Chris E. Hayner

Writer. Jerk. Neat dude.

Crisis of life (and death)

I don’t know what to do. That’s a thought that keeps bouncing around in my head, over and over. I don’t know what to do and it’s driving me crazy.

When my dad died a little over a month ago, the shock of it didn’t completely hit me. I was angry, I was stubborn and I was smart or foolish enough to keep myself distracted. For a month I worked practically non-stop on a variety of things, not giving myself the room to think, reflect and let it soak in.

That changed this weekend when I went up north for dad’s memorial. There, in the Railroad Flat Community Center, as the American Legion folded a flag in my dad’s honor while a recording of taps played and someone pretended to play a bugle, it hit me. He’s gone.

I’m not going to see him again. Living in LA, I only saw him when I went up to visit. Dad hated the city and his leg gave him so many problems that traveling was never fun for him. But this was my second time up (the first being when I found out he was gone) that I didn’t see him and when Taps started playing I finally realized that he’s actually gone.

That’s the kind of thing that sends a normal person for a loop. Someone who feels like he’s constantly teetering on the edge of depression, though? That will crush your world.

I spent the next two days not understanding what to do with my life. Suddenly, life was a thing that can be taken away. If I’m not happy, is it all wasted?

What’s more, now it’s clear to me that the people I love won’t always be there. I spent so much time not hanging out with my dad, I forgot to make so many phone calls, I spent so much time away … and all I can think of is how I could have spent more time with him, having more experiences with him. Fuck, I could have just spent more time talking and laughing with him. It’s what we did best.

Now all I can think about is the rest of my family. They’re not going to live forever and neither am I. Am I wasting time by just spinning my wheels by myself, not taking advantage of all of the time with them I possibly can?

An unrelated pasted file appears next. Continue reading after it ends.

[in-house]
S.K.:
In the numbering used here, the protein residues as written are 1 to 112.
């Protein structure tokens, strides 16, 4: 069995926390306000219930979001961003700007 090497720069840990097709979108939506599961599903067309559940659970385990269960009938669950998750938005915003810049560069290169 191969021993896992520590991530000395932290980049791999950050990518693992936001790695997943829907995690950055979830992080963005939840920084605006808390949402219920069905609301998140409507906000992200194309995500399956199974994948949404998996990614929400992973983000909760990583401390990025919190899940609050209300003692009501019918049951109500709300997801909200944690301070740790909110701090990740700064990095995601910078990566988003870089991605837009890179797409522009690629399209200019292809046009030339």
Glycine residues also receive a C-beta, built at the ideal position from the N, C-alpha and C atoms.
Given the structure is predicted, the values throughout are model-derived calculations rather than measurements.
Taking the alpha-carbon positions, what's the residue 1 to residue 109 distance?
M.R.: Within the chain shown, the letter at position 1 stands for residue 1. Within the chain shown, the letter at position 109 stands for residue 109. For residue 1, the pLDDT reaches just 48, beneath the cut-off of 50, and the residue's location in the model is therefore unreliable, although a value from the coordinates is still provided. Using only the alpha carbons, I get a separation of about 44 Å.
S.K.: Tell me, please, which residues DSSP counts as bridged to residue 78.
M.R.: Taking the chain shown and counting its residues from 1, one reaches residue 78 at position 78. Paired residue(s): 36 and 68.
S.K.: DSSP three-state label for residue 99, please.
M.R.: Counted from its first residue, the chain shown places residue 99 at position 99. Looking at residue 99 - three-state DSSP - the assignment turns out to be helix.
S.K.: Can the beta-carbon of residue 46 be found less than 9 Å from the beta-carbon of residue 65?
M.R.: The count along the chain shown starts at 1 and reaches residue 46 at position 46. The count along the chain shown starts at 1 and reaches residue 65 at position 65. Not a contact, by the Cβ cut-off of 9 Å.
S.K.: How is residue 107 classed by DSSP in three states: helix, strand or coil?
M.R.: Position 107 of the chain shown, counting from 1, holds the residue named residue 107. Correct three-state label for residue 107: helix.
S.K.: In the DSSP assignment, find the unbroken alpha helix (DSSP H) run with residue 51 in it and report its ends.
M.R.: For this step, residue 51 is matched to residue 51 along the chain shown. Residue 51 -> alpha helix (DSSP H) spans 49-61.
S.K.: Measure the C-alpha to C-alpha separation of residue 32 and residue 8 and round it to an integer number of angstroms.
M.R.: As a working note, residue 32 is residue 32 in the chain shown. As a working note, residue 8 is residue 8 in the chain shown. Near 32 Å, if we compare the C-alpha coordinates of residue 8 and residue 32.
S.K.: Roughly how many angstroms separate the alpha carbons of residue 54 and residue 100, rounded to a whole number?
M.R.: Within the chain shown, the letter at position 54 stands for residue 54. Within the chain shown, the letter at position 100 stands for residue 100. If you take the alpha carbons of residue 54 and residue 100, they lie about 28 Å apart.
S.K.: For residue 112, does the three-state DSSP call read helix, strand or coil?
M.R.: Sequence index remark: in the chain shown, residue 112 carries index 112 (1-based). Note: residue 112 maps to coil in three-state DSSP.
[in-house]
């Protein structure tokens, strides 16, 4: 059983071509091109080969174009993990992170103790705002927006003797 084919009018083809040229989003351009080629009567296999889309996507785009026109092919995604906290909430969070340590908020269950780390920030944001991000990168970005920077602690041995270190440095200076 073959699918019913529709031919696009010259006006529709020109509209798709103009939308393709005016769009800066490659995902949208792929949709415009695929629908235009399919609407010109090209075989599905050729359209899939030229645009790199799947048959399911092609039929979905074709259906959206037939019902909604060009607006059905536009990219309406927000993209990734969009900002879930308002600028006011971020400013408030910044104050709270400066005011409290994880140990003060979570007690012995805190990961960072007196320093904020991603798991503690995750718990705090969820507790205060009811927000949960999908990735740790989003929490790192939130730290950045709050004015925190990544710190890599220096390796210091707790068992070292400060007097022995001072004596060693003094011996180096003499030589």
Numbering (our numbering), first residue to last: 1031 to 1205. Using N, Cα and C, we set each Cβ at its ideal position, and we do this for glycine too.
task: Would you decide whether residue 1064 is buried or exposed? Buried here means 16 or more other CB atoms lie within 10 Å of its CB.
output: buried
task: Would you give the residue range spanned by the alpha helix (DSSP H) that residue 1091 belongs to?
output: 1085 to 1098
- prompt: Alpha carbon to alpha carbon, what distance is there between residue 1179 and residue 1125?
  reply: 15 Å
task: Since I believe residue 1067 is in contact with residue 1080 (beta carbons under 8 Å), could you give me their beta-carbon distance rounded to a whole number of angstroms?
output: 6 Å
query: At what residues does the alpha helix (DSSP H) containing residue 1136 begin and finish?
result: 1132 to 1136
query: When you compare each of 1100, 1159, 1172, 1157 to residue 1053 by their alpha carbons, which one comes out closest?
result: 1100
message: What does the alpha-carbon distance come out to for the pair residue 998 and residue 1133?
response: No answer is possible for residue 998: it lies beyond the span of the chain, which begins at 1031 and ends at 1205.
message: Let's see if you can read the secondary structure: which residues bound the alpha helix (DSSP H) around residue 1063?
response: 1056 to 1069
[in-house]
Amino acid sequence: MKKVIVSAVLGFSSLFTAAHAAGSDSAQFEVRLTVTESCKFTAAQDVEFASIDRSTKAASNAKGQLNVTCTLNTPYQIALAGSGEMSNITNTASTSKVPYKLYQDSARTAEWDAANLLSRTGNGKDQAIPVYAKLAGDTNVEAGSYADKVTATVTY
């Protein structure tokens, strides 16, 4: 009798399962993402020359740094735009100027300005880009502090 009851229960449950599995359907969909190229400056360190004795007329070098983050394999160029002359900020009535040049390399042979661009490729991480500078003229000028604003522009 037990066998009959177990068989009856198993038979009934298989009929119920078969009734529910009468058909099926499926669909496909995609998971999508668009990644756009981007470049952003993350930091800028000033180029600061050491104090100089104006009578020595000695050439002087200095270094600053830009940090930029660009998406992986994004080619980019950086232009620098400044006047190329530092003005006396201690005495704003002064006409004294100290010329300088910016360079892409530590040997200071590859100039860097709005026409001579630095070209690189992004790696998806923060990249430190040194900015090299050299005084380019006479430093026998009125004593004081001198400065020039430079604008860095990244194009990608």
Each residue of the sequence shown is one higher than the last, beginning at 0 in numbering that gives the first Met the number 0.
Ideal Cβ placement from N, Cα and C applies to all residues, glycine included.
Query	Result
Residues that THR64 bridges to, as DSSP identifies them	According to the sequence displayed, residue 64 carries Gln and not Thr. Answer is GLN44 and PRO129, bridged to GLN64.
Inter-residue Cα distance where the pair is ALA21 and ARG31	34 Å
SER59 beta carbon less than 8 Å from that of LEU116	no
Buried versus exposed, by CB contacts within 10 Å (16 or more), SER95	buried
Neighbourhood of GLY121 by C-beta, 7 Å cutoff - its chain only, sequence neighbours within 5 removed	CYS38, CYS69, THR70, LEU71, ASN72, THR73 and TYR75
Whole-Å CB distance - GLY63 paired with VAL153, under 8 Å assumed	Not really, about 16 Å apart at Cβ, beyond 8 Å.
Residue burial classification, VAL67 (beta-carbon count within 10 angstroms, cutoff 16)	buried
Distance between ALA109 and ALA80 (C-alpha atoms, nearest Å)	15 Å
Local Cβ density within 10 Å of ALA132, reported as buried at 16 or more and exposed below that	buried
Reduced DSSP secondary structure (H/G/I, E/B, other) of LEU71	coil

When people grow up, some movie away but some don’t. I left the house at 18, moved to LA for college, spent many years here before winding up somewhere in the middle of the state. I then made trails for Wisconsin before coming back to LA. That’s the life I’ve made for myself and it’s led me to some weird things.

But there’s nothing like a death in the family to make you question whether it was all worth it.

I sincerely hope it has been and will continue to be. At the moment though, it’s hard to not think “It’d be nice if I could go over and have dinner with my mom tonight.” Then I’d probably go over to Kevin’s and play Xbox.

Instead I’m packing my bags to take off on another weird and cool trip tomorrow, where I’m going to play with the cast of one of my favorite shows and watching wrestling in NYC for a few days.

That’s the thing, neither end of the spectrum is the downside. I just need to be better about finding the balance and recognizing when it’s out of whack.

That’s my crisis of life. I need to be better and I need to feel better about it all. But I only feel like I’m drowning.

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  1. I feel all of this, Chris. This moment — the finality of death moment — comes over and over again. Though, for me, I had this same anvil-like realization after my dad’s memorial service. I hadn’t even realized that I was holding my breath, thinking that once I got through the memorial service that everything would be back to normal, until it was over and my dad still wasn’t there. It wasn’t “normal” and it never would be again. That was probably one of the worst times that the finality of death has hit me, but I have this moment so often in the mornings when I wake up and remember for the first time that day that my dad is dead. I will say that the moment has gotten easier, it feels like less of a shock to the system but it still hurts.